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The Mirdita family, owners of the Bainbridge Bakery, a popular local establishment that burned down along with nine other businesses in a horrific Halloween morning fire, is upset and angry.

Their business, which they’ve operated in the Bronx for 30 years and on Bainbridge Avenue for the past 18, went up in smoke for the second time in six months.

Following a mysterious fire in April, the family spent months and hundreds of thousands of dollars putting their bakery back together. Just two days before they were to re-open (and start being insured again), another fire of unknown origin is forcing them to start over yet again. This time, there is no insurance money and, for the foreseeable future, no place to rebuild.

On Monday morning, outside the remnants of the bakery, matriarch Anna Mirdita was inconsolable. She felt “terrible,” she said. “The city is no help. No one is helping us. No one.”

A week after the fire, local Community Board 7 and other local groups got all the fire victims, including Mirdita, into a room with representatives from banks, small business groups and various city and state agencies.

The agency representatives said they would work hard to get the victims back up and running. There were banks in attendance to talk about securing loans for rebuilding. The state insurance agency worked with merchants in a private room. Dina Minz, of the city’s Department of Small Business Services, said her agency would help business owners apply for loans, get temporary work and find other tax abatement and incentive programs.

The somber merchants tried to be appreciative of the efforts, but many were skeptical that things would turn in their favor.

Mir Mansur, who has owned and operated Neighborhood Gift and Wireless for the past three years, said he had no insurance and wasn’t sure anyone could help him or what he would do next. “Ask yourself how you would feel,” he said. “My money, everything, is in that store.”

The owners of Latin restaurant El Diamante did have insurance, but “not enough,” said Francisco Diaz. He had recently just put in new booths and seating as well as a $20,000 air conditioner. Diaz and his partners own two other restaurants, one on Webster Avenue and another on Jerome, which will keep them afloat while they look for a new location.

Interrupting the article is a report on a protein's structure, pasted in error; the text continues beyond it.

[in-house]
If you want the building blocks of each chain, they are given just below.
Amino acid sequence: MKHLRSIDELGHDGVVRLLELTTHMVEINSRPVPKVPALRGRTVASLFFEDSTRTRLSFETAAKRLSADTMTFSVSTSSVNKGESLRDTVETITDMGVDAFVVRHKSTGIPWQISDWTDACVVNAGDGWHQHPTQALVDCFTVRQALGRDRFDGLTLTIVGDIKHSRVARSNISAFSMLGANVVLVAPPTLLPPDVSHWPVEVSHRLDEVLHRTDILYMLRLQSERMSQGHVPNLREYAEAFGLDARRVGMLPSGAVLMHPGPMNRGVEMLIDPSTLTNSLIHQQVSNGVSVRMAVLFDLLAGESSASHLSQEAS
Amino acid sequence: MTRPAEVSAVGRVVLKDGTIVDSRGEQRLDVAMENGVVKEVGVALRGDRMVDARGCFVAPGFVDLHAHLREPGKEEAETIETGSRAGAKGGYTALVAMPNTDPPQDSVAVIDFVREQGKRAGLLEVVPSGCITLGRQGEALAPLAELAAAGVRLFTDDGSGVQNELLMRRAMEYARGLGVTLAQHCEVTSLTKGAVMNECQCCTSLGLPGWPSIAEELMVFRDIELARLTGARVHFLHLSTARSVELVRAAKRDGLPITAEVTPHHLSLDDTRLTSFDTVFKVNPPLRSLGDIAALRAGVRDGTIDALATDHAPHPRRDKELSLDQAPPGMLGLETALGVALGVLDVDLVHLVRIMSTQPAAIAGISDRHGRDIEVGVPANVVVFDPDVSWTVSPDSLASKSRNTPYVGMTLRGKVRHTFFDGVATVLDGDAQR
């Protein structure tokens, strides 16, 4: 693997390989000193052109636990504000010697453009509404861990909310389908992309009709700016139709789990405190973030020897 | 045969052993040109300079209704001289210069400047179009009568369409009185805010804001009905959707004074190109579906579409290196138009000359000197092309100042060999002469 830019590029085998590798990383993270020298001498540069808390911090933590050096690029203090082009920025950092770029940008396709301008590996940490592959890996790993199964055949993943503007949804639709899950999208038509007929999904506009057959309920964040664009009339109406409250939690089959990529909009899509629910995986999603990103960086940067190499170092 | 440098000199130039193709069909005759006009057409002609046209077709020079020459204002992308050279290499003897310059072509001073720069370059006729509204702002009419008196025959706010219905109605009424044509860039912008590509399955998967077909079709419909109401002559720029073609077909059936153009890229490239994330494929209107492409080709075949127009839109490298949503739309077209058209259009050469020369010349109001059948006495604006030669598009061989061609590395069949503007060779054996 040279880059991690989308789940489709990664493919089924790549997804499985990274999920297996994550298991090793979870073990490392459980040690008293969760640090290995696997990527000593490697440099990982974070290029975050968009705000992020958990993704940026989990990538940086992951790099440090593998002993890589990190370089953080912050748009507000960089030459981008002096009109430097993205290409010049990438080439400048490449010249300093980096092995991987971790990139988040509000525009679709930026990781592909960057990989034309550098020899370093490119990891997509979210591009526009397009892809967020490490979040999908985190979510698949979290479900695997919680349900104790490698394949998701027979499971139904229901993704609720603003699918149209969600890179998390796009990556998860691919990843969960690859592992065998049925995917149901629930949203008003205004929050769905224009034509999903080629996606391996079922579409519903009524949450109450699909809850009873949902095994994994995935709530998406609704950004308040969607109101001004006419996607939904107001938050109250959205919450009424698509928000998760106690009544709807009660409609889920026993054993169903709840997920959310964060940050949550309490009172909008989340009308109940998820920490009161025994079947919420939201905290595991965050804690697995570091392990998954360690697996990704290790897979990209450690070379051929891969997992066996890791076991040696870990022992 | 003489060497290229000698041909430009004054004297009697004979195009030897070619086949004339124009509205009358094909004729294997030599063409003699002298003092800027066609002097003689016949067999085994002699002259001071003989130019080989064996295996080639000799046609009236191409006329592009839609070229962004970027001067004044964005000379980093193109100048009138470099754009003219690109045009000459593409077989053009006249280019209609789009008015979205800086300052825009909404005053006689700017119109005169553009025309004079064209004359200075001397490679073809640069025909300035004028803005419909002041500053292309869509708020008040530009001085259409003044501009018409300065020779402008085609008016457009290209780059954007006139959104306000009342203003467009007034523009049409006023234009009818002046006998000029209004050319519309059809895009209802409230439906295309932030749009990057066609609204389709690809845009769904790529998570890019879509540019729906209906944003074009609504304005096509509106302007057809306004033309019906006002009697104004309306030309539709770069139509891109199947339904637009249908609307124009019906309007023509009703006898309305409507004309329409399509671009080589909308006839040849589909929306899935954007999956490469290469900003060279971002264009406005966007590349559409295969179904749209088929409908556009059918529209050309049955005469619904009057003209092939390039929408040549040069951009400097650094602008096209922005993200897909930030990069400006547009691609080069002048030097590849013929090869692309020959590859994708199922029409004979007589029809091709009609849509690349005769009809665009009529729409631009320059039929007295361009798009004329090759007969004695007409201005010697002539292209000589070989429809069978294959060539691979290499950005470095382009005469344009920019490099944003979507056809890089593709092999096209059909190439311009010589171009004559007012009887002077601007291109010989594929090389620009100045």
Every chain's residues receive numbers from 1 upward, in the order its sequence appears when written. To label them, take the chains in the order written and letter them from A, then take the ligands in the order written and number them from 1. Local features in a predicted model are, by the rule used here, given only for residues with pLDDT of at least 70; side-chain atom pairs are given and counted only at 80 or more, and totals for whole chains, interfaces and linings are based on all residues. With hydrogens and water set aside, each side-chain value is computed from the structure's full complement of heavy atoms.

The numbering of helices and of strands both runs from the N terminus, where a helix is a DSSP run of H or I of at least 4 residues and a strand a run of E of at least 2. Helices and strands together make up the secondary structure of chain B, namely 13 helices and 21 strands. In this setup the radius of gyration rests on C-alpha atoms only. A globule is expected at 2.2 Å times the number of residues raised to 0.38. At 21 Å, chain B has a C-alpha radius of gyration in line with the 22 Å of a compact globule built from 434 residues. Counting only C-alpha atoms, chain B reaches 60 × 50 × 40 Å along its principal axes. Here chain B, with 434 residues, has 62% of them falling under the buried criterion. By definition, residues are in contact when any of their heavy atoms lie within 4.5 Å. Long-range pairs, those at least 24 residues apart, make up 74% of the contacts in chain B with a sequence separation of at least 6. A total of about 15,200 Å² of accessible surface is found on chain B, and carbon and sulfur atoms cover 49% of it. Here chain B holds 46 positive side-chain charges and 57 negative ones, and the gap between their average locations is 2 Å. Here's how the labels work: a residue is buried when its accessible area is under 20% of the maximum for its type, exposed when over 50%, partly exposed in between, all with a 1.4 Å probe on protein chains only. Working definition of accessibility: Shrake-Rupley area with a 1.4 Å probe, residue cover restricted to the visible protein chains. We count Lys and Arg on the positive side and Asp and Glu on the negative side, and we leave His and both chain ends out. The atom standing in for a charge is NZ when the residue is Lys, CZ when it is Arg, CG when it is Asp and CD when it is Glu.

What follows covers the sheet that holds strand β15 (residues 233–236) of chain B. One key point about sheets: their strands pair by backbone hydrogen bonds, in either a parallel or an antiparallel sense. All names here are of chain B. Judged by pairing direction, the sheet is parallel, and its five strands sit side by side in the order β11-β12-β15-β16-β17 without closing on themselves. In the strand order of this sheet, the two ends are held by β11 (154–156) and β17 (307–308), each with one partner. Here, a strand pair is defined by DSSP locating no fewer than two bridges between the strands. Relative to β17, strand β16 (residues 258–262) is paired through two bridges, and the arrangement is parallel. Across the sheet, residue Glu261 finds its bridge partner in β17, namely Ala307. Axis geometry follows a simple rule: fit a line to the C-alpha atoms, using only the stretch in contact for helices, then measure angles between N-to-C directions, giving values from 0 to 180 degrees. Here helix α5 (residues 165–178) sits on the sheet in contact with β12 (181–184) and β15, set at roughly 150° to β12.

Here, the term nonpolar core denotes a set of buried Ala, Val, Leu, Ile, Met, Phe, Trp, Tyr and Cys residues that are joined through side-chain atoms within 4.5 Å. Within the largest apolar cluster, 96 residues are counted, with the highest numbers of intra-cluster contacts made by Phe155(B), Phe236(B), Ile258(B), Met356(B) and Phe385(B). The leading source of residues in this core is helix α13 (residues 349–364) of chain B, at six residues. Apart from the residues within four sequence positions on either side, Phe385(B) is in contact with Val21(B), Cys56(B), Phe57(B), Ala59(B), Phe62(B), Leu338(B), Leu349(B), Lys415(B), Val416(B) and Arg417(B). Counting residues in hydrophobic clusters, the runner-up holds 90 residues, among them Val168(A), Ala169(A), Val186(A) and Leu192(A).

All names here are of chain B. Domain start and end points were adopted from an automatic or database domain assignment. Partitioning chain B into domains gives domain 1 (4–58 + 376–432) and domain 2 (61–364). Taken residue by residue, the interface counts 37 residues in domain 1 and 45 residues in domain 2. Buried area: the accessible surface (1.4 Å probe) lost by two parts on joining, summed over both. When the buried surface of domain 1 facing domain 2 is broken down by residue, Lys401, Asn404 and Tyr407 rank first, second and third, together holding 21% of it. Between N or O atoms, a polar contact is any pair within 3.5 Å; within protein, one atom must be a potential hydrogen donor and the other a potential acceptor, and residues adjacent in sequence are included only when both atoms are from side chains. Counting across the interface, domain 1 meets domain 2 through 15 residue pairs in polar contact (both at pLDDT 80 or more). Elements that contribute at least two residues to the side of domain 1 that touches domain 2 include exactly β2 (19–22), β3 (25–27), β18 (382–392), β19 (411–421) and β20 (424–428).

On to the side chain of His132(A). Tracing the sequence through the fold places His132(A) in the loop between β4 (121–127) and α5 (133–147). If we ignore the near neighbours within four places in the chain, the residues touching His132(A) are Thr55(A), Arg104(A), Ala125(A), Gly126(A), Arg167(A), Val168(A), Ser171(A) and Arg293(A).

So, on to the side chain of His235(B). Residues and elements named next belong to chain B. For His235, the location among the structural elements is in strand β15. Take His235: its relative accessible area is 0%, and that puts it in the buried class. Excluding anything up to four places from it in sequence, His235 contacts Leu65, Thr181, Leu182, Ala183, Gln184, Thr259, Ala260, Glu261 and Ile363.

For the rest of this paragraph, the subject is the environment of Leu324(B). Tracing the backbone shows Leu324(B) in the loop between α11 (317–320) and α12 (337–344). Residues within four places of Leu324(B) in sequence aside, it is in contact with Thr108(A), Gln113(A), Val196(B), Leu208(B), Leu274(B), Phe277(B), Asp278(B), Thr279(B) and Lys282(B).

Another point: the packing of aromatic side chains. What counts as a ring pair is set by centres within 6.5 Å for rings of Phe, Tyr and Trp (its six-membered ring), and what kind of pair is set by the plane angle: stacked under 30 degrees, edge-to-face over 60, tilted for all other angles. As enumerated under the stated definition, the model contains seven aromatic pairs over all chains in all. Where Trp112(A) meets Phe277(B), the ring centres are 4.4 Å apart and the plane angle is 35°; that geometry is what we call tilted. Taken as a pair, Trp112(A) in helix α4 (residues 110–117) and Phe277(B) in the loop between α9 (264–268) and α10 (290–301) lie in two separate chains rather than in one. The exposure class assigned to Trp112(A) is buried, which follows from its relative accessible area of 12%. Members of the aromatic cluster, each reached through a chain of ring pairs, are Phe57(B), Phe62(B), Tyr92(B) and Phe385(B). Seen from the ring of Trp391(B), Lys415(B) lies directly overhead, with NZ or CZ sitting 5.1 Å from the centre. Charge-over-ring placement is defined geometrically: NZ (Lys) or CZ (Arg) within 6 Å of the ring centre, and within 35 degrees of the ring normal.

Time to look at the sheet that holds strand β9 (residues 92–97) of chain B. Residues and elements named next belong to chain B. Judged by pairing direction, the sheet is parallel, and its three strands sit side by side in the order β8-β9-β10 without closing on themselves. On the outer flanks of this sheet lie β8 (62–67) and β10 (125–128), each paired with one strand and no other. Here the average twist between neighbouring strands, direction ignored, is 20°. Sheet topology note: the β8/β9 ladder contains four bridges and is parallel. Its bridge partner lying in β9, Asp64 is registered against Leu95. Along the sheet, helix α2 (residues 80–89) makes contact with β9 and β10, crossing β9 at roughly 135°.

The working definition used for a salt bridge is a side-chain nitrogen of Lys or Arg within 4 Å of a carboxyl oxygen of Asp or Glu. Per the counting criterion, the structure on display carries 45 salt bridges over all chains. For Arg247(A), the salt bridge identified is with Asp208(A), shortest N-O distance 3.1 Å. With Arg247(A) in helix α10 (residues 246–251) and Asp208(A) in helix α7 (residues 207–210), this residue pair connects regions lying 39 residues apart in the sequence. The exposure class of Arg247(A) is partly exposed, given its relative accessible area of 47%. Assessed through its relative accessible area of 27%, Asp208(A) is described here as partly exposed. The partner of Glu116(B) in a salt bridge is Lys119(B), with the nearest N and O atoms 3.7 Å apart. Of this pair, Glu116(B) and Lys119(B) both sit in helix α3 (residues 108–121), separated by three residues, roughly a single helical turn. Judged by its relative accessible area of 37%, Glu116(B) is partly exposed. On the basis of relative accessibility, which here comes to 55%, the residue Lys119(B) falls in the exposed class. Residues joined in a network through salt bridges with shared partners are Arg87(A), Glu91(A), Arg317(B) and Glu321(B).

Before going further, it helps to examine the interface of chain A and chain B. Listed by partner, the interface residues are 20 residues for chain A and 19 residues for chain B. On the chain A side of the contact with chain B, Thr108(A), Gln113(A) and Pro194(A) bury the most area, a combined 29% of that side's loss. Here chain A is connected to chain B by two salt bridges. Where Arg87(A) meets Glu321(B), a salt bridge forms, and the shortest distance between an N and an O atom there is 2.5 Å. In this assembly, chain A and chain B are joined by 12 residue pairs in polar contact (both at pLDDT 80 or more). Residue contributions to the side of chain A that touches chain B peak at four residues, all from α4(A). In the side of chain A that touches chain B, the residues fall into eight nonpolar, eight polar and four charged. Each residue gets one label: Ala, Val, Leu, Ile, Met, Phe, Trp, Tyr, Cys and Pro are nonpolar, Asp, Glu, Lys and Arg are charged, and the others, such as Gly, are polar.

But finding space is another thing. There are few vacant locations on Bainbridge and 204th Street, but last week, Diaz said they were looking at possibly renting the space on Bainbridge and Van Cortlandt, near Williamsbridge Oval Park, that was most recently home to the nightclub El Noche.

Sun Yun, whose family had owned and operated the fish market that has existed on Bainbridge for more than a decade, said the representatives had been helpful and that she was hoping to secure a loan. But like the rest of the merchants, she didn’t know where they would relocate.

Nabil Naser, part owner of 205 Grocery sounded a more upbeat tone, despite the fact that he and his business partners had no insurance. “It’s devastating, but, as they say, stuff happens for a reason, hopefully not a bad reason,” he said. “You stick around, good things might happen.”

Since the meeting, Mirdita and her son, John, who is part owner of the bakery, say they have received little help from any of the agencies or business groups that they spoke with at the meeting.

“You talk to one person, they tell you to talk to someone else or call a different agency,” Mirdita said.

John Mirdita said Small Business Services offered to give them a $1,000 loan. “What can you do with $1,000?” he said. “You can’t even get a one-room apartment with $1,000.”

They said they would be forced to sell their house just to survive.

With no answers in sight, the Mirdita family was left with only questions.

“What are we going to do?” John Mirdita said. “Where are we going to go?”

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